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Age at First Marriage in Peninsular Malaysia*

BARBARA VON ELM


International Center for Research on Women**

CHARLES HIRSCHMAN
Duke University***

The average age at marriage among women in Peninsular Malaysia has risen dramatically from 18.5 years in 1947 to 22.3 years in 1970 (based on census data calculations of the "singulate mean age at marriage"). This paper examines the socioeconomic determinants of the average age at first marriage among women age 25-44 in
1966-1967 who were interviewed in a cross-sectional fertility survey of currently married women in Peninsular Malaysia. Substantial differentials in age at first marriage
are associated with ethnicity, years of formal schooling, and premarital work experience, while lesser differences are observed /or social and geographic origins.
Ethnic differences in age at first marriage remain wide even after statistically controlling,fvr other socioeconomic background variables. A life-cycle model of the effects of social background variables on age at first marriage is estimated using dummy variable regression analysis. Post-primary schooling and working before marriage are the strongest variables that delay age at first marriage. These patterns are
common to all ethnic communities. As more women participate in higher education
and in employment, age at first marriage will probably be further delayed.
There are relatively few empirical generalizations about the social and economic determinants of age at marriage. It is generally believed that rural tradition fosters early marriage, while urbanization and other forces of
modernization lead to marriage postponement. Extant data, however, have not always
shown this to be true. The most obvious
anomaly is the "Western European marriage
pattern," which indicates that prior to the Industrial Revolution, women commonly married in their mid- to late twenties (Gaskin,
1978; Hajnal, 1965). Furthermore, there is
We thank the National Family Planning Board of
Malaysia and the Department of Statistics of Malaysia
for permission to use the 1966-1967 West Malaysian
Family Survey data. Professor James Palmore kindly
provided a copy of the data tape and made constructive
comments on an earlier draft of this paper. We also
thank Teresa Dark for typing the paper.
International Center for Research on Women, 1010
16th Street, N.W., Washington, D.C. 20036.

Department of Sociology, Duke University, Durham, North Carolina 27706.

November 1979

Vol 41
(November):877-891.

little evidence which shows homogeneity in


the patterns or trends in the timing of nuptiality among less developed non-Western
societies.
As Dixon (1971) and others (Mitchell,
1971; Lesthaeghe, 1974; Salaff, 1976) have
noted, there are a variety of institutional factors, both at the societal and familial level,
that influence marital patterns. Among such
factors are the relative numbers of eligible
single men and women at the appropriate
ages, the familial structure in which young
couples may be supported through the extended household, and the relative status of
single women, including their opportunities
for higher education and paid employment.
While these factors are undoubtedly important, the specification of the key determinants in any single society may vary considerably. Moreover, factors which may be important at a single point in time may not be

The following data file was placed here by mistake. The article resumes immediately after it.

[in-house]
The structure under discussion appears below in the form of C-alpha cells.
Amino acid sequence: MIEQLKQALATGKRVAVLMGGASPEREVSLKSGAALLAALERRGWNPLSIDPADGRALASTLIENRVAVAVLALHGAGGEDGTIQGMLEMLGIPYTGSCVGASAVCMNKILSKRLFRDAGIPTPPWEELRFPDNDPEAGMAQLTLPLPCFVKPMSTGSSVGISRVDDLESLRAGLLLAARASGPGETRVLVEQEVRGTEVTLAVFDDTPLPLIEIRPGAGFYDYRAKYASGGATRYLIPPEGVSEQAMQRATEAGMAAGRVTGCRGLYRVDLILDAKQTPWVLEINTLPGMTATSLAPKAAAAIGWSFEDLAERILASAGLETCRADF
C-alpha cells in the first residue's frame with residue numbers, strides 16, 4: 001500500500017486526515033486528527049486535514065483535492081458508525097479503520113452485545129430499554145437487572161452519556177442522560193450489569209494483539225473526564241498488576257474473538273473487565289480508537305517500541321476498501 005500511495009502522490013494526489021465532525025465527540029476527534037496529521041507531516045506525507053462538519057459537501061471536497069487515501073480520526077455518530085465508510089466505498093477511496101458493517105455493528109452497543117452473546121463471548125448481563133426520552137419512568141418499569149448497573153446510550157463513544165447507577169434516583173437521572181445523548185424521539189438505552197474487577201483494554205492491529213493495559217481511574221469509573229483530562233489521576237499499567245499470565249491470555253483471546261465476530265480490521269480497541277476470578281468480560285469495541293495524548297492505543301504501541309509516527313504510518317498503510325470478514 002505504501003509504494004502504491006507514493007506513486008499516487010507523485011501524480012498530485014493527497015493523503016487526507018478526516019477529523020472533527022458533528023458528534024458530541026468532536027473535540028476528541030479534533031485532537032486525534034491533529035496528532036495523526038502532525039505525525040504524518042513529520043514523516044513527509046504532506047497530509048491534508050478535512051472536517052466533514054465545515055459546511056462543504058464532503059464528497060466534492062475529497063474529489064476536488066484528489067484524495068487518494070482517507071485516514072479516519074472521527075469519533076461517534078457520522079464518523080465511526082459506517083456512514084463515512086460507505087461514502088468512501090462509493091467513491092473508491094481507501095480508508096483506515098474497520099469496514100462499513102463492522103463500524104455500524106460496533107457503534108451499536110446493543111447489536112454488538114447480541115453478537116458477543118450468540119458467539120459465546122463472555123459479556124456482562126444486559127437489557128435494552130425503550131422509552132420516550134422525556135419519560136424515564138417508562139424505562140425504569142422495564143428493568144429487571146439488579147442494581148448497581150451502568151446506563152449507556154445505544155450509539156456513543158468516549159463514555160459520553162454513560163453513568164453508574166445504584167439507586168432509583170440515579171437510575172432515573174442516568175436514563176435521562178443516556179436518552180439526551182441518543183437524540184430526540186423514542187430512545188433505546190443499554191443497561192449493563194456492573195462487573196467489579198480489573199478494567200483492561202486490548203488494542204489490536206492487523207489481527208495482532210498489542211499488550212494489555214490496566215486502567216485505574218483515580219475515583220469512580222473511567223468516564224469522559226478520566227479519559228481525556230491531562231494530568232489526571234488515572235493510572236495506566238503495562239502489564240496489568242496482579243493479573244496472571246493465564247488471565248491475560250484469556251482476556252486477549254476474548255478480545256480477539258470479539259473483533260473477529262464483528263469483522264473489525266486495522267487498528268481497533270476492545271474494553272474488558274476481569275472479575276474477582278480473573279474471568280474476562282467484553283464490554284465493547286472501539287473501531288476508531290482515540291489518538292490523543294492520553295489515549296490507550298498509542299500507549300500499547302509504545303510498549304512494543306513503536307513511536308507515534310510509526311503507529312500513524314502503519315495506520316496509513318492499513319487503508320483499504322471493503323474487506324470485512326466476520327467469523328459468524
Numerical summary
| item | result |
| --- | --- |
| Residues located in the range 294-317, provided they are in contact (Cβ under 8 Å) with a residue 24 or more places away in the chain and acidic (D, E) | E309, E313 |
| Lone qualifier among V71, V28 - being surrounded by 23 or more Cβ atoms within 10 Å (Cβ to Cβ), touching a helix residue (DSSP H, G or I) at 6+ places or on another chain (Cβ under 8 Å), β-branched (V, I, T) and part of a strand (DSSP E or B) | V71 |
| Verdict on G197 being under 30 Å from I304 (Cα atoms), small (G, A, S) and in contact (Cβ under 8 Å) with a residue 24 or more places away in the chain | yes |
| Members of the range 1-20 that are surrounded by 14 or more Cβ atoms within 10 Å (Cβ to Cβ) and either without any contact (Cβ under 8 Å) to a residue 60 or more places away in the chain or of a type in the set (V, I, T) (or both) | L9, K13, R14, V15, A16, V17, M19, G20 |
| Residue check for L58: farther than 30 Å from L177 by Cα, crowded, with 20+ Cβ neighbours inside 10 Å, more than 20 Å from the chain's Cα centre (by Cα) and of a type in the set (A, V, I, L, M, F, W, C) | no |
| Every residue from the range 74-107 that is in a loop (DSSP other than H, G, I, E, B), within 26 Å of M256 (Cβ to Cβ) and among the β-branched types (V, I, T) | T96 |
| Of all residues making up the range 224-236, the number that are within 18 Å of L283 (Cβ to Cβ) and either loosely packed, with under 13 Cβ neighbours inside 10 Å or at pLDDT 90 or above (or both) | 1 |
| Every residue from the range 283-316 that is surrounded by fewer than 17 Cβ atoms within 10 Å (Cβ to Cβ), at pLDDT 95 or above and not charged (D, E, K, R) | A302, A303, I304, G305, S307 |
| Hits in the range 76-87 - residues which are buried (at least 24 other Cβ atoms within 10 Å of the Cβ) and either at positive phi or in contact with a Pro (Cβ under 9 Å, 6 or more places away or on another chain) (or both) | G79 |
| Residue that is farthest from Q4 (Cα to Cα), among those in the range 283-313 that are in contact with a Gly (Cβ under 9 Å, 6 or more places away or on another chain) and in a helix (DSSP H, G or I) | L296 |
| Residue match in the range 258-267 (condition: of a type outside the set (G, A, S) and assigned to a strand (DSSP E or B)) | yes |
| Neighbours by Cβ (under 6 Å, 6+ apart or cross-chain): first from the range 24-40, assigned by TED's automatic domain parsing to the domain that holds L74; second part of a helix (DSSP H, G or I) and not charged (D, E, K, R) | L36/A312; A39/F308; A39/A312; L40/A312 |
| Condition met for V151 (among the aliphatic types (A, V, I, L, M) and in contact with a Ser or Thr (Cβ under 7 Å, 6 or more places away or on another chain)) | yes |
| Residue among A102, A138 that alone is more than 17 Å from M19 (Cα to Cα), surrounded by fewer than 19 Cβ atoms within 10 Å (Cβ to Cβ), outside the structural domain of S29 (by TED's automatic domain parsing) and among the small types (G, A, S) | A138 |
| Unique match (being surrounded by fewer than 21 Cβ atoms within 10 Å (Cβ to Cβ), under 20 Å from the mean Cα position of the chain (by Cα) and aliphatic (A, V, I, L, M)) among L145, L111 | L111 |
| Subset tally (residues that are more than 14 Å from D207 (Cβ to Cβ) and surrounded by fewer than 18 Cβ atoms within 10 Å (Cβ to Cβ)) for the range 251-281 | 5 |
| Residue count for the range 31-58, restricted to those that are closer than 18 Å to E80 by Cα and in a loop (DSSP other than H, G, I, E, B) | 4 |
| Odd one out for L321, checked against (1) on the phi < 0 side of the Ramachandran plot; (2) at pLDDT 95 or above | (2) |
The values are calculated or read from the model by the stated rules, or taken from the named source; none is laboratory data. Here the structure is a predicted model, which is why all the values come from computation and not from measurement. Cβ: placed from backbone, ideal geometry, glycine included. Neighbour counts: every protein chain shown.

those which account for trends over a period
of time. A brief look at variations in age at
first marriage and in the proportions marrying in younger age groups within the same

JOURNAL OF MARRIAGE AND THE FAMILY

877

region shows the tremendous diversity that


needs to be explained.
In recent decades there has been a general
rise in the average age at first marriage in
Asia, though the initial age levels and rate of
change have varied considerably from
country to country. Table 1 presents the proportions of women who first married at ages
15-19 and 20-24, as well as the "singulate
mean age at marriage" (for discussion of the
"singulate mean age at marriage" and
method of computation, see Hajnal, 1953;
Shryock, and Seigel, 1973:295) for selected
Asian countries. The most notable observation is that early marriage (under 20 years)
has not been a universal norm in any of these
countries, during this century at least. For example, the singulate mean age at first marriage was 18 years in Sri Lanka in 1901 and in
Peninsular Malaysia in 1947; even then only
one-half of the women aged 15-19 were married in these countries at these dates. In the
Philippines and Thailand, where generally
less than 20 percent of the women were married in their teenage years, there have been

only modest upward trends in the average age


at first marriage since the late 1940s.
In contrast, the declines in the proportions
married among young women in Sri Lanka,
Taiwan, and Malaysia have been substantial
in recent years. The current situation in these
countries, with 85 to 90 percent of the 15-19
year old women and about 50 percent of the
20-24 year old women still single, is fairly
comparable to contemporary Western levels
of nuptiality. Of course, these Asian countries are not necessarily representative of all
less-developed areas. In many other Third
World countries, very young marriage remains all but universal. However, these data
do suggest that there is considerable variation
in the levels and trends in age at first marriage in several Asian countries, irrespective
of socioecpnomic development.
Since there is no certitude about the comparative patterns of age at first marriage, nor
of the key determinants which affect nuptiality trends and transitions, a basic strategy
for more intensive research is needed. The
recent studies of Coale (1971) and Dixon

TABLE 1. TRENDS IN PERCENTAGES MARRIED AND MEAN AGE AT FIRST MARRIAGE OF WOMEN
FOR SELECTED ASIAN COUNTRIES__________________